WASHINGTON ― A far-right rally in support of those who attacked the U.S. Capitol on Jan. 6 fizzled out amid fears that law enforcement might track the extremists who showed up for it.

Members of the media and law enforcement outnumbered the far-right insurrectionist supporters who showed up near the Capitol on Saturday to protest the hundreds of arrests that have been made in connection with the Jan. 6 riot that is linked to the deaths of five people and the injury of more than 140 law enforcement officers.

The organizer for the “Justice for J6” rally, former Donald Trump campaign operative Matt Braynard, had previously said he expected up to 700 people to show up for the rally. Instead, it appeared that fewer than 100 people showed up to protest the arrests of Capitol attackers. The rally wrapped up by about 2 p.m. local time.

Among those who did show up was a man who sang a song about Ashli Babbitt, one of the people who died on Jan. 6 after she was shot by a law enforcement officer when she tried to climb through a broken window to reach lawmakers being shepherded to safety inside the Capitol.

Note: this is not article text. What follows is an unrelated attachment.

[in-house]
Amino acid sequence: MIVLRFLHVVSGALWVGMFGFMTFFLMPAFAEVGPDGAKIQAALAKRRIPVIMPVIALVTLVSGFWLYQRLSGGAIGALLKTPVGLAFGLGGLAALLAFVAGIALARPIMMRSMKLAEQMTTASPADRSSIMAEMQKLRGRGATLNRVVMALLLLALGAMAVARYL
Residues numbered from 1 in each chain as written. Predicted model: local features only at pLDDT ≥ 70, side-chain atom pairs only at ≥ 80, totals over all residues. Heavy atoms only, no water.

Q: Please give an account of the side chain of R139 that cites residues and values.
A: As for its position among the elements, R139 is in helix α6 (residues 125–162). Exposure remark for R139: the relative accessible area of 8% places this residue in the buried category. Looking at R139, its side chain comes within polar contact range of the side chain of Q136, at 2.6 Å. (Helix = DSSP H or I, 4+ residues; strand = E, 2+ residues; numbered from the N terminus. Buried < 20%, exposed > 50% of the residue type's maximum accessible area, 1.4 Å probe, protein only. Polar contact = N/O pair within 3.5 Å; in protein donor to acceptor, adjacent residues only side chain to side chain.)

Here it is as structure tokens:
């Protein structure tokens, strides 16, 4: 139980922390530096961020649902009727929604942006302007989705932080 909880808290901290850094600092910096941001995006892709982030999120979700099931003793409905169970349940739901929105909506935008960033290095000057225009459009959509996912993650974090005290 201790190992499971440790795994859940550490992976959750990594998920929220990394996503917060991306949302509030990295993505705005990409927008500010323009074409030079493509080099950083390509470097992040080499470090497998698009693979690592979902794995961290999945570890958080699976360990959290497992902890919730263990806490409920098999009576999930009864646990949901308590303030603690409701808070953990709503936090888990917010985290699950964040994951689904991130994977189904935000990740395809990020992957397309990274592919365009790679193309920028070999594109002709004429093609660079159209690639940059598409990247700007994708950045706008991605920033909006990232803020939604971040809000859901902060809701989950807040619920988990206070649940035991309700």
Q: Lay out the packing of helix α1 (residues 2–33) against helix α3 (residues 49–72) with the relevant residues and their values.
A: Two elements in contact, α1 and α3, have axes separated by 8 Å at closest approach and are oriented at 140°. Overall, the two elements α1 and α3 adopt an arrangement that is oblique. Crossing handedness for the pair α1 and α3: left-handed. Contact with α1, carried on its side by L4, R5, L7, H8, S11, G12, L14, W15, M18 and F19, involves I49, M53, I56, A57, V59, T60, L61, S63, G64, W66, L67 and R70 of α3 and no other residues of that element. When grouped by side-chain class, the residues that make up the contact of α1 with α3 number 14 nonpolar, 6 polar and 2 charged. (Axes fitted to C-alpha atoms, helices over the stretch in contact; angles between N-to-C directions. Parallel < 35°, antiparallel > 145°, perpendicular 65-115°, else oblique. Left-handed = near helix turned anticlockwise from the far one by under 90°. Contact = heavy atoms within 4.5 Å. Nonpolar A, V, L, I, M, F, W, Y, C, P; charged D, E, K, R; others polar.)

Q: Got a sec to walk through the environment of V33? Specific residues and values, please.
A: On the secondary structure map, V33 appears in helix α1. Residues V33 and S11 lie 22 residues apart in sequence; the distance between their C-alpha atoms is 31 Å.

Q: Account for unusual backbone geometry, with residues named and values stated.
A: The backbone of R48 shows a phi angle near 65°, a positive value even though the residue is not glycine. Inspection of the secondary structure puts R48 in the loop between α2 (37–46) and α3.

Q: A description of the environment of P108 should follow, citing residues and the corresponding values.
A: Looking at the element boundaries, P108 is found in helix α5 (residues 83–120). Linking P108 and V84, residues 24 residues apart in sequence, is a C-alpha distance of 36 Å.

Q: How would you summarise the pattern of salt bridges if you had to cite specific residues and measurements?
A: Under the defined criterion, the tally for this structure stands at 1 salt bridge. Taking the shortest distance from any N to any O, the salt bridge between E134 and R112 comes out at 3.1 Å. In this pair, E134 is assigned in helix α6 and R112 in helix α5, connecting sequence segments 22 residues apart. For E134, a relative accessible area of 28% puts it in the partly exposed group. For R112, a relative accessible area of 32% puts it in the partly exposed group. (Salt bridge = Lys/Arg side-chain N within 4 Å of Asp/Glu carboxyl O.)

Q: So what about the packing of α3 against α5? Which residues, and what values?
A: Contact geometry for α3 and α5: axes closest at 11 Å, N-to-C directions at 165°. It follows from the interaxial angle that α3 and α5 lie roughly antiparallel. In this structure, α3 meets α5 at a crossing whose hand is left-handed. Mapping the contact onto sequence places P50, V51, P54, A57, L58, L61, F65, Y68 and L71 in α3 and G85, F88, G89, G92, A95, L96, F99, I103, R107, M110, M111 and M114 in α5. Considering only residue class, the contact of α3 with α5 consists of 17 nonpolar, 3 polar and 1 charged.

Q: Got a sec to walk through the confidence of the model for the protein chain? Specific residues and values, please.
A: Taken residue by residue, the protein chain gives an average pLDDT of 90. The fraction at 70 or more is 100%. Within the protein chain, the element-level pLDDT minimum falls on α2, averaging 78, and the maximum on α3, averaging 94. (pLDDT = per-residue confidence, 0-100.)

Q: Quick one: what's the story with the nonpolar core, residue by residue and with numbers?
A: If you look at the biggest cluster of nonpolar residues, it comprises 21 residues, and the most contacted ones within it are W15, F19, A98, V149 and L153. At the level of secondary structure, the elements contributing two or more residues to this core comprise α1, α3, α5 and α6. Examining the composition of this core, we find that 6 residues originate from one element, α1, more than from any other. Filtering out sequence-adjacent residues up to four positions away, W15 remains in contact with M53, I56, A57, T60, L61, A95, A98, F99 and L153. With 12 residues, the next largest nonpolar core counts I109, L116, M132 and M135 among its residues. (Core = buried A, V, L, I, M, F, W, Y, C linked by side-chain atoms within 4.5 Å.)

This guy has a song about Ashli Babbitt. pic.twitter.com/lN9em24VVU

— Ryan J. Reilly (@ryanjreilly) September 18, 2021

Another man, a 70-year-old retiree named Gary who declined to give his last name, told HuffPost he wasn’t surprised to see such a small turnout.

“There’s more law enforcement here than there are demonstrators,” he said. “That’s absurd.”

Protester says he’s not surprised by poor attendance at J6 Capital rally because there was “lots of chatter on the internet about it being a government set up.”“There’s more law enforcement here than there are demonstrators. That’s absurd.” pic.twitter.com/cI7XOWkMpG

— Igor Bobic (@igorbobic) September 18, 2021

Right-wing researchers like Jared Holt had said that online chatter among extremists suggested few people would show for fear of a trap by law enforcement. Far-right figures, including Gab CEO Andrew Torba and QAnon conspiracy leader Ron Watkins, encouraged their followers not to attend for fear of ― as Torba put it ― becoming “a political prisoner of the state.”

Members of the violent gang the Proud Boys also opted not to show, with one member suggesting that the rally “sounds like bait,” Holt pointed out in his Substack newsletter.

As he was leaving the rally, Braynard told HuffPost he had “no idea” how many people had attended.

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